1. Based on the CMS published statistics and one industry expert’s assumptions, 49 percent of the total number of structured settlement cases completed during Fiscal Year 2022 were WCMSAs. Given the inherent cost advantage CMS has provided to structured settlement funded WCMSAs, it is possible that percentage is actually conservative and may even increase going forward.
  2. Combined industry reporting of WCMSA and non-WCMSA structured settlement cases not only hides the significance of the WCMSA submarket, it obscures other strategic issues and trends:
    1. The disparity in average size between the average WCMSA and non-WCMSA structured settlement cases.
    2. The degree by which non-WCMSA annual structured settlement industry premium has declined since 2001 (the same year CMS published the Patel Memorandum) – especially non-WCMSA premium proactively generated by defendants.
  3. To repeat, unlike the tax exclusions in IRC 104 (a)(1) and 2), no legislative or regulatory authority exists supporting the inherent cost advantage CMS heretofore has provided structured settlement funded WCMSAs compared with lump sums.
  4. Despite adhering to the present value methodology that generates an inherent cost advantage for structured settlement funded WCMSAs, CMS has previously “consolidated and supplanted” the October 15, 2004 WCMSA Memorandum that defined that cost advantage.
  5. For these reasons, when CMS withdrew the proposed Notice of Proposed Rulemaking (NPRM) on October 13, 2022, the result potentially represented a double loss to the structured settlement market.
  6. The NPRM, discussed in this prior article – would have clarified “existing Medicare Secondary Payer (MSP) obligations associated with future medical items related to liability insurance (including self-insurance), no fault insurance, and workers’ compensation settlements, judgments, awards, or other payments.”
  7. For structured settlements, the proposed NPRM might have permanently defined an inherent funding advantage not only for WCMSAs but also for liability MSAs, a market many industry experts believe could be at least as large as the WCMSA market.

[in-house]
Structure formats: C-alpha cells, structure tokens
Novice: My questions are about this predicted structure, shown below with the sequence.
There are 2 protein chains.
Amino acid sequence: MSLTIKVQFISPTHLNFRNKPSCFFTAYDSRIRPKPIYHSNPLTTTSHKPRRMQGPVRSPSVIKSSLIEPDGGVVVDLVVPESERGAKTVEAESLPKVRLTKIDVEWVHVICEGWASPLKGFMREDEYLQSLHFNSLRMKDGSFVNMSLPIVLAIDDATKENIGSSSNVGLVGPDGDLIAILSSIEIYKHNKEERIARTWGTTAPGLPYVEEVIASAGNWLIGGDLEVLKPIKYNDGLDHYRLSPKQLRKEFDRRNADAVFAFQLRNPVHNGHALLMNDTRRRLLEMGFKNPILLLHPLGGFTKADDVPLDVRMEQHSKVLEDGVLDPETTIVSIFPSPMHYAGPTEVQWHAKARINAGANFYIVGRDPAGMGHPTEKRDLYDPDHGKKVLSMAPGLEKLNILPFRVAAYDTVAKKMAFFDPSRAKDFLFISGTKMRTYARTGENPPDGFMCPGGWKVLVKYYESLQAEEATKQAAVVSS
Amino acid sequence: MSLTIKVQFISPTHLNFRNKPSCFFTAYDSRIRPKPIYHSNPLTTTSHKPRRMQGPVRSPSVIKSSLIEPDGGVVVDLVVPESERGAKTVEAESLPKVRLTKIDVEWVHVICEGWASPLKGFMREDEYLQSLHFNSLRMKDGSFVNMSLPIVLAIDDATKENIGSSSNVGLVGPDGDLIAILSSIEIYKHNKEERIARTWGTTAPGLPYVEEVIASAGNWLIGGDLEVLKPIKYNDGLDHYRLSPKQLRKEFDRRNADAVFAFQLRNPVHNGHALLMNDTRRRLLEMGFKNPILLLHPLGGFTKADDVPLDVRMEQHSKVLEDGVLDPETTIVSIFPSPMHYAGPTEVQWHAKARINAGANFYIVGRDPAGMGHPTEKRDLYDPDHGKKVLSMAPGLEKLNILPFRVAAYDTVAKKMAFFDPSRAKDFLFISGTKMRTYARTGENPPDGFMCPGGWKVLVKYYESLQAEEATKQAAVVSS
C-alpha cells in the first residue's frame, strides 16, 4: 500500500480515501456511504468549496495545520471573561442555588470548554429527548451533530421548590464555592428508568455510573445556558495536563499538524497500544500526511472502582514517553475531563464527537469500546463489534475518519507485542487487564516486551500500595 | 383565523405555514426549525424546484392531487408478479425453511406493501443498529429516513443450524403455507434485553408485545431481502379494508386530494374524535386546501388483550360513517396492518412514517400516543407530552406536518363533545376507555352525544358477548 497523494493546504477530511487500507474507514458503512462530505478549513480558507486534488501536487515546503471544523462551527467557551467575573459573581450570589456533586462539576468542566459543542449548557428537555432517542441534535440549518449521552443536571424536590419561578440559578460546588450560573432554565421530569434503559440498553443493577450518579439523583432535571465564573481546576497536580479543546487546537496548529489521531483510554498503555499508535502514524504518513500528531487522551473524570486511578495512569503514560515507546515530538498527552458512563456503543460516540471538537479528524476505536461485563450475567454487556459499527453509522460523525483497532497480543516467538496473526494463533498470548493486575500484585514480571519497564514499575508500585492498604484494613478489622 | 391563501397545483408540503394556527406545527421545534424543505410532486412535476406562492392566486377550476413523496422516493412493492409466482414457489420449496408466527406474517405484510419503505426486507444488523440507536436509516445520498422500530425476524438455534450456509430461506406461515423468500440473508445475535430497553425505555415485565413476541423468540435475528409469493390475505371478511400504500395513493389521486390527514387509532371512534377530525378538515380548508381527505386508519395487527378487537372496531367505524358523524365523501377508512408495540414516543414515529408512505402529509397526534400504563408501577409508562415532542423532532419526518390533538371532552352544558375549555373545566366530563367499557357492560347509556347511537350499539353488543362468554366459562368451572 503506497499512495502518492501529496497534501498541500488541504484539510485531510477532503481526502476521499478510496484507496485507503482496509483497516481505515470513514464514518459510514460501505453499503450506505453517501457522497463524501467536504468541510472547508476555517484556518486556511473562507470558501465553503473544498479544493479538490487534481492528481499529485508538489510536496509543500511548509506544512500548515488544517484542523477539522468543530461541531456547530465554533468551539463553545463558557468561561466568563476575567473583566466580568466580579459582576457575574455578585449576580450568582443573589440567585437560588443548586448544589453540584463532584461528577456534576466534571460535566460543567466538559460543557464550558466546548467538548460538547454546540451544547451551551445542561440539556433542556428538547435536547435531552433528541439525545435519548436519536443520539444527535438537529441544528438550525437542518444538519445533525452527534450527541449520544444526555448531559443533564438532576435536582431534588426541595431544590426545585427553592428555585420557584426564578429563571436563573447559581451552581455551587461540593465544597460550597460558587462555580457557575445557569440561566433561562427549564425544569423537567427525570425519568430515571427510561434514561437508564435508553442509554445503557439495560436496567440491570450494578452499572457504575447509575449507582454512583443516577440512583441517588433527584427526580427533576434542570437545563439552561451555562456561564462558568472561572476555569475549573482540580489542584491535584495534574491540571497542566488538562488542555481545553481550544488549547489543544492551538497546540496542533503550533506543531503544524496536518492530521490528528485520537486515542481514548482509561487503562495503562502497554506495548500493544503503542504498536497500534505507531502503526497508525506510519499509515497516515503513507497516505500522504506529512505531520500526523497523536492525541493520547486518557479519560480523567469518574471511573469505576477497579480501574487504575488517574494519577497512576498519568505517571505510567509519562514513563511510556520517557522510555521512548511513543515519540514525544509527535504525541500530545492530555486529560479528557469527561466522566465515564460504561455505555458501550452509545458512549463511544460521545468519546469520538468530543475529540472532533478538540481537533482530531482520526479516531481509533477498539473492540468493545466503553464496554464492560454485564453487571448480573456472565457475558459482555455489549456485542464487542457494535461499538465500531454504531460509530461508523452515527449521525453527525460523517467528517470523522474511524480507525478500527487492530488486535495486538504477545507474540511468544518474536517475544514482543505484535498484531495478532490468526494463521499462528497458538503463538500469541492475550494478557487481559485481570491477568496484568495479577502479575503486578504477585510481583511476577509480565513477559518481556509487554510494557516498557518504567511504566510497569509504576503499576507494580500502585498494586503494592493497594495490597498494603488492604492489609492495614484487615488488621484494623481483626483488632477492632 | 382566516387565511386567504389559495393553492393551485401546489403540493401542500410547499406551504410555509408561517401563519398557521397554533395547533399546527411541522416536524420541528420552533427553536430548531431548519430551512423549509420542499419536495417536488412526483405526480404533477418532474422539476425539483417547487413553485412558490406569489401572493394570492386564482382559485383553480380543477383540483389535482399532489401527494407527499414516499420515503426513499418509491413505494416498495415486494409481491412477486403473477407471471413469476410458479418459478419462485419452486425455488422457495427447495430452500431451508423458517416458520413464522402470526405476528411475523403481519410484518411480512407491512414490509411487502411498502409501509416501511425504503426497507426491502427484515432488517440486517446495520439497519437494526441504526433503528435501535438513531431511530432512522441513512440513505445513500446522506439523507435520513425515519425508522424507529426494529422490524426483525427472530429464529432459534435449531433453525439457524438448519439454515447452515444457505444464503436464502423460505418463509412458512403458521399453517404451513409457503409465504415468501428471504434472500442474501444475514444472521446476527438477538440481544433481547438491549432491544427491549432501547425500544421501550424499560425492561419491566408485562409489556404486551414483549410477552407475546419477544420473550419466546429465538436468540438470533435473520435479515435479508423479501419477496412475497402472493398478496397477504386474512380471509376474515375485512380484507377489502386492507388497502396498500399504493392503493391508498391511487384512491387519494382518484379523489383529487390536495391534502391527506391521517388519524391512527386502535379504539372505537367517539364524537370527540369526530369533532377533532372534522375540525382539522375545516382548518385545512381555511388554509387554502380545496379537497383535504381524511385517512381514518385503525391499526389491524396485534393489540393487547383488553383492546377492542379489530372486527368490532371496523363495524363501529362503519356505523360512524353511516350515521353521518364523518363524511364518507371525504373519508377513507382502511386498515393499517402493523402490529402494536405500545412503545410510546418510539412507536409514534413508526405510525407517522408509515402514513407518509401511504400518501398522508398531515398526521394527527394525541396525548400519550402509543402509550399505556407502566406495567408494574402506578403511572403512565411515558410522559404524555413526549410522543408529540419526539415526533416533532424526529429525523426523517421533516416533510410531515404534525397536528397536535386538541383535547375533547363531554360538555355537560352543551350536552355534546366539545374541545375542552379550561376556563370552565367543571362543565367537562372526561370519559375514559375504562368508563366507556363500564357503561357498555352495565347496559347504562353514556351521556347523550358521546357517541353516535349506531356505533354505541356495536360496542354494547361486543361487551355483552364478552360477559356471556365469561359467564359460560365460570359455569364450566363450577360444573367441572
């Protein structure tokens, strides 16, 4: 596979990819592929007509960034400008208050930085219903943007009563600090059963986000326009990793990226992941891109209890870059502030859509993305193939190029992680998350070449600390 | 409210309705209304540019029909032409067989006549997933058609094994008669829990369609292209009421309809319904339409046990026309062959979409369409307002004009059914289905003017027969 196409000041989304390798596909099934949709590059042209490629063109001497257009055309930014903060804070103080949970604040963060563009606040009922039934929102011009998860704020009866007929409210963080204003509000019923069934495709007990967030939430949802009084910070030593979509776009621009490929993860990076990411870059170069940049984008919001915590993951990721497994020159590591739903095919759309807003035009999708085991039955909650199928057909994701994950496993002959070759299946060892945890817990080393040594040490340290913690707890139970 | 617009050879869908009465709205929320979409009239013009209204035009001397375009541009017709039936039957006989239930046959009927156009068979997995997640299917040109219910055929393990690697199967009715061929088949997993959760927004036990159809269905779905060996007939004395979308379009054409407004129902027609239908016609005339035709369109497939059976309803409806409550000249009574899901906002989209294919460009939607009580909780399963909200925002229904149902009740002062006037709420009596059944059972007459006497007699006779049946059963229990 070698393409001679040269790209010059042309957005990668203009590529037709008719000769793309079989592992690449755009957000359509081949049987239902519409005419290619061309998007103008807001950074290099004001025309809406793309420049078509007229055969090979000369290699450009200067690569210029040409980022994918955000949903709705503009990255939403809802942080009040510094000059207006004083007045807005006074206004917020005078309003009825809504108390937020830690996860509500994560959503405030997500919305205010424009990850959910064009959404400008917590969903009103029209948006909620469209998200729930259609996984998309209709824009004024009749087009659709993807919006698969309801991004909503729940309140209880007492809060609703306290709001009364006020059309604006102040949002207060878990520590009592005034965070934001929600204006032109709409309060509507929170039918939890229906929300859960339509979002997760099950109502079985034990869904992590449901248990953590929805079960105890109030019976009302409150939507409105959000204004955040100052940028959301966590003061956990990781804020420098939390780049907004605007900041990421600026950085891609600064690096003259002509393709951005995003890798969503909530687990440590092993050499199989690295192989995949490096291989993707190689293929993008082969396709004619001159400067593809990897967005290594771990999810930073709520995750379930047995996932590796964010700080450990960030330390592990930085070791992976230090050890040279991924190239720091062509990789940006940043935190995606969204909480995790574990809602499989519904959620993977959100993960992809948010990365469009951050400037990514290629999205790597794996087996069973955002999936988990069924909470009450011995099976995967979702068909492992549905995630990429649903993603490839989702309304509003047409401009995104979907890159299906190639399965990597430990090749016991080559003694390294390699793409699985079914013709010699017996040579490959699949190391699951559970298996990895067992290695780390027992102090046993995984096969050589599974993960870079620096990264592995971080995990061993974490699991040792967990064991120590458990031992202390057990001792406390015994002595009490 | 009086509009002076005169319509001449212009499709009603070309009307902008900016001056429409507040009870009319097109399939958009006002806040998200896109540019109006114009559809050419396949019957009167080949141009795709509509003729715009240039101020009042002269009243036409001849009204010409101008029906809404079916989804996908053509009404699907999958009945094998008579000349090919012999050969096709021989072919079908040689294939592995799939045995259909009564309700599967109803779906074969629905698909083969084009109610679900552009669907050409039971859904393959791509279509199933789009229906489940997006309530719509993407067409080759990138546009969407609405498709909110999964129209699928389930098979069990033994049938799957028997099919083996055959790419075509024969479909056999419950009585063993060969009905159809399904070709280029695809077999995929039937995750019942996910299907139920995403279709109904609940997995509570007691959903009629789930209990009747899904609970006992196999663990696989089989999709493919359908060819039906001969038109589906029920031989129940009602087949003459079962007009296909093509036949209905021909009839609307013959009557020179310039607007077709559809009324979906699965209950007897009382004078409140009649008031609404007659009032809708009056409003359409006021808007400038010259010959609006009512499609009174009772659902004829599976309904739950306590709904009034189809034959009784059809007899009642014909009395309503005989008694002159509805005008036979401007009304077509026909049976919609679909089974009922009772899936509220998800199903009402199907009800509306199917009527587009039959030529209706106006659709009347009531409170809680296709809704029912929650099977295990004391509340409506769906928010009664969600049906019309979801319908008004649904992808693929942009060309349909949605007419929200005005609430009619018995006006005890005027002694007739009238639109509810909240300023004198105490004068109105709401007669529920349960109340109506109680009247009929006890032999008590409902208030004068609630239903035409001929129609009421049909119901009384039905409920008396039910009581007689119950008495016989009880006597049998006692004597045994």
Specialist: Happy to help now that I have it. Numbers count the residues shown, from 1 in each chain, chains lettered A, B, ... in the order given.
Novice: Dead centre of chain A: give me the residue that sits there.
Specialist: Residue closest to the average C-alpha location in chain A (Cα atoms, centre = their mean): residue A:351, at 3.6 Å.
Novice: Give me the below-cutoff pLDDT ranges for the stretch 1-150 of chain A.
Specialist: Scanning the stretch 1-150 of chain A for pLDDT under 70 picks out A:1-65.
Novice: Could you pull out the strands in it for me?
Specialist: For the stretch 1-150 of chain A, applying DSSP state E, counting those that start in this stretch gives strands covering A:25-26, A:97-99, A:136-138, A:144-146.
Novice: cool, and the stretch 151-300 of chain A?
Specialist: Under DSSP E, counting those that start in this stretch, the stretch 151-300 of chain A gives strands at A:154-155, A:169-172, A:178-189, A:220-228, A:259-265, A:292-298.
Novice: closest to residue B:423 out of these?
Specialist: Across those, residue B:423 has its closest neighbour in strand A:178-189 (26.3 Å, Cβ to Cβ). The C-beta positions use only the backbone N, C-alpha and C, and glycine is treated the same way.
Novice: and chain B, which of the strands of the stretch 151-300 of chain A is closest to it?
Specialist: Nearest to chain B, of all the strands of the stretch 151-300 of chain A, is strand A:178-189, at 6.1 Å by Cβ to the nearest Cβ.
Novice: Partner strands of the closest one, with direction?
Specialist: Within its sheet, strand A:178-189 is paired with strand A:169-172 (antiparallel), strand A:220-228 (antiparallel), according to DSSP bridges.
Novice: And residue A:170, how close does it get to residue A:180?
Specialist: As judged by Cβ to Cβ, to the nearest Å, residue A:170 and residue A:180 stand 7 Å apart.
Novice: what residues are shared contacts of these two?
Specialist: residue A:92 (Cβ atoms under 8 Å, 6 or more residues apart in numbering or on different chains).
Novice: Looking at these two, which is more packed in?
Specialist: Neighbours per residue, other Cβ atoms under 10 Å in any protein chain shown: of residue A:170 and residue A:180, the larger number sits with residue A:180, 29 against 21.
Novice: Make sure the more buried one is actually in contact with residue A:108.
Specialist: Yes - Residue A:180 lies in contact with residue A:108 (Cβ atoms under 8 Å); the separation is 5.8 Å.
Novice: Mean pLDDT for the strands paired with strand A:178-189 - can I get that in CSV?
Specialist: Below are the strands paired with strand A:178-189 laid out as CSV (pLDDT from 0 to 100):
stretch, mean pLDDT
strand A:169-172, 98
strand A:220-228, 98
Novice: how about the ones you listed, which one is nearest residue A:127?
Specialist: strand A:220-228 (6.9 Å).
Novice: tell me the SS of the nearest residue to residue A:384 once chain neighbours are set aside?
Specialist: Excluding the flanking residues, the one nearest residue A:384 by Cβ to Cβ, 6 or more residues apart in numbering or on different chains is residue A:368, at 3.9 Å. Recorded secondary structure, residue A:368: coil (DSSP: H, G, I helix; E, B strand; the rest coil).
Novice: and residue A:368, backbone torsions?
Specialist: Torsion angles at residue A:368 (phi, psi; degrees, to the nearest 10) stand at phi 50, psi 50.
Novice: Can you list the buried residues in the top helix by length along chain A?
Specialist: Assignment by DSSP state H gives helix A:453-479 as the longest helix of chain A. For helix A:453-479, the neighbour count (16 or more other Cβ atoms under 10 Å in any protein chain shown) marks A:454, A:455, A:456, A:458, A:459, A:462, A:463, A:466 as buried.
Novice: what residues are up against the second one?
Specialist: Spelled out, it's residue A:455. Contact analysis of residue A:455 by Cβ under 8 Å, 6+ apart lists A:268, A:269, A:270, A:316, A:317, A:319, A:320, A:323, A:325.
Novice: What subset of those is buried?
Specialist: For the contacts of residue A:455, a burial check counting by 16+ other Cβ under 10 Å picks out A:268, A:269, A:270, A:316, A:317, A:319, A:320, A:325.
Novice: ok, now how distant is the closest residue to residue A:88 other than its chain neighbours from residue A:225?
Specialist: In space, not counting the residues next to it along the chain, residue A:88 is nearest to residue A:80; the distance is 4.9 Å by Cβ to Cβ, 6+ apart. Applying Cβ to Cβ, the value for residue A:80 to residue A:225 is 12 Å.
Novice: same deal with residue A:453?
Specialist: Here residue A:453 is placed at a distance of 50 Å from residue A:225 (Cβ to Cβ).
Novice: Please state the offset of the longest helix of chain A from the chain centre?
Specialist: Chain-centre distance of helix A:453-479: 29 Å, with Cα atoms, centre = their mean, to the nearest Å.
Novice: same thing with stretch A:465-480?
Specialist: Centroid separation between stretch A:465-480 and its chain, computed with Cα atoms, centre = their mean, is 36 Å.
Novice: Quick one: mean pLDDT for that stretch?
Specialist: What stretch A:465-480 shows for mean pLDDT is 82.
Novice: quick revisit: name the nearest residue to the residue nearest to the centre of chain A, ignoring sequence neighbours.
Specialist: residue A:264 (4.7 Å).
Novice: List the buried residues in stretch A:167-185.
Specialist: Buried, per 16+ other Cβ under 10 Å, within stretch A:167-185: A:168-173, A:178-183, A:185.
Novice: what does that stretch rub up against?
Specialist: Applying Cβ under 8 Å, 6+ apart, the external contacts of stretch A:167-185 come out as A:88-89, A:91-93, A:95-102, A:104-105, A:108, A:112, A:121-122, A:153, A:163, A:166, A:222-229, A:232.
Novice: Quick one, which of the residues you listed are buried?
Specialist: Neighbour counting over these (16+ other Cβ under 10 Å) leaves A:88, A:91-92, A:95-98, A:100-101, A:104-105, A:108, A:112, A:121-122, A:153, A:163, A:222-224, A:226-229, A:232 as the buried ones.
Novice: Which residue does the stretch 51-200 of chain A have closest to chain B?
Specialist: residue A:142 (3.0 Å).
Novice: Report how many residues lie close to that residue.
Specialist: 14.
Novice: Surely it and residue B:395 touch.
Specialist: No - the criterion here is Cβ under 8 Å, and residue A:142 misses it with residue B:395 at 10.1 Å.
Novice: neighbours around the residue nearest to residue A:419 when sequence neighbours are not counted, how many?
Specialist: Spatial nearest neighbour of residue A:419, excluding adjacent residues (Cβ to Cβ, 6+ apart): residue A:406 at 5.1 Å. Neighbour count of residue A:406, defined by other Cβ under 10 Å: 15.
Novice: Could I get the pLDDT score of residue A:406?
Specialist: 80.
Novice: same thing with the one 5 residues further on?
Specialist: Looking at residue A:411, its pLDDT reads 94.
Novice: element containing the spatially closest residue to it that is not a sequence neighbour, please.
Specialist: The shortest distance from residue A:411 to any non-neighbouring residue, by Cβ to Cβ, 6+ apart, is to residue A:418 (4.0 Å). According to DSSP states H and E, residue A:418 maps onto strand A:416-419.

8. The NPRM withdrawal surprised most MSP experts – and presumably also the National Structured Settlement Trade Association (NSSTA).
  9. Beginning in 2021, however, NSSTA and the National MSP Network (MSPN) had already formed a “Structured Settlement MSA Working Group” to promote the very issues needed to maintain and extend structured settlement MSA funding advantages. The American Association of Settlement Consultants (AASC) had likewise engaged with MSPN.
  10. To a limited degree, therefore, NSSTA, AASC and MSPN had each recognized and acknowledged structured settlement funding of MSAs as a lobbying priority before the recent CMS actions (published WCMSA statistics and NPRM withdrawal). Each association had also offered its members frequent educational programs about the linkage between structured settlements and WCMSAs.
  11. What has been missing within the structured settlement industry, as it relates to MSAs, has been political cooperation between NSSTA and AASC as well as improved strategic analysis about how to grow the structured settlement market that considers the current impact, as well as the opportunities and risks, of MSAs.


Structured settlements offer multiple benefits for all MSA stakeholders including Medicare and Medicare beneficiaries. Whether or not intentional, CMS has provided structured settlements with a critical cost advantage compared with lump sums that has helped to expand the application of structured settlements for WCMSA cases.

The two recent CMS actions (published WCMSA statistics and NPRM withdrawal) should serve as a wake-up call for all MSA professional stakeholders who utilize structured settlements. Despite the past success of structured settlements in the WCMSA submarket, a more permanent legislative or regulatory foundation is needed.

The demonstrated success of structured settlement WCMSA funding justifies making this cost advantage permanent and expanding this cost advantage to liability MSAs whenever applicable liability MSA regulatory rules are promulgated.

This article concludes Independent Life’s 4-part MSA series.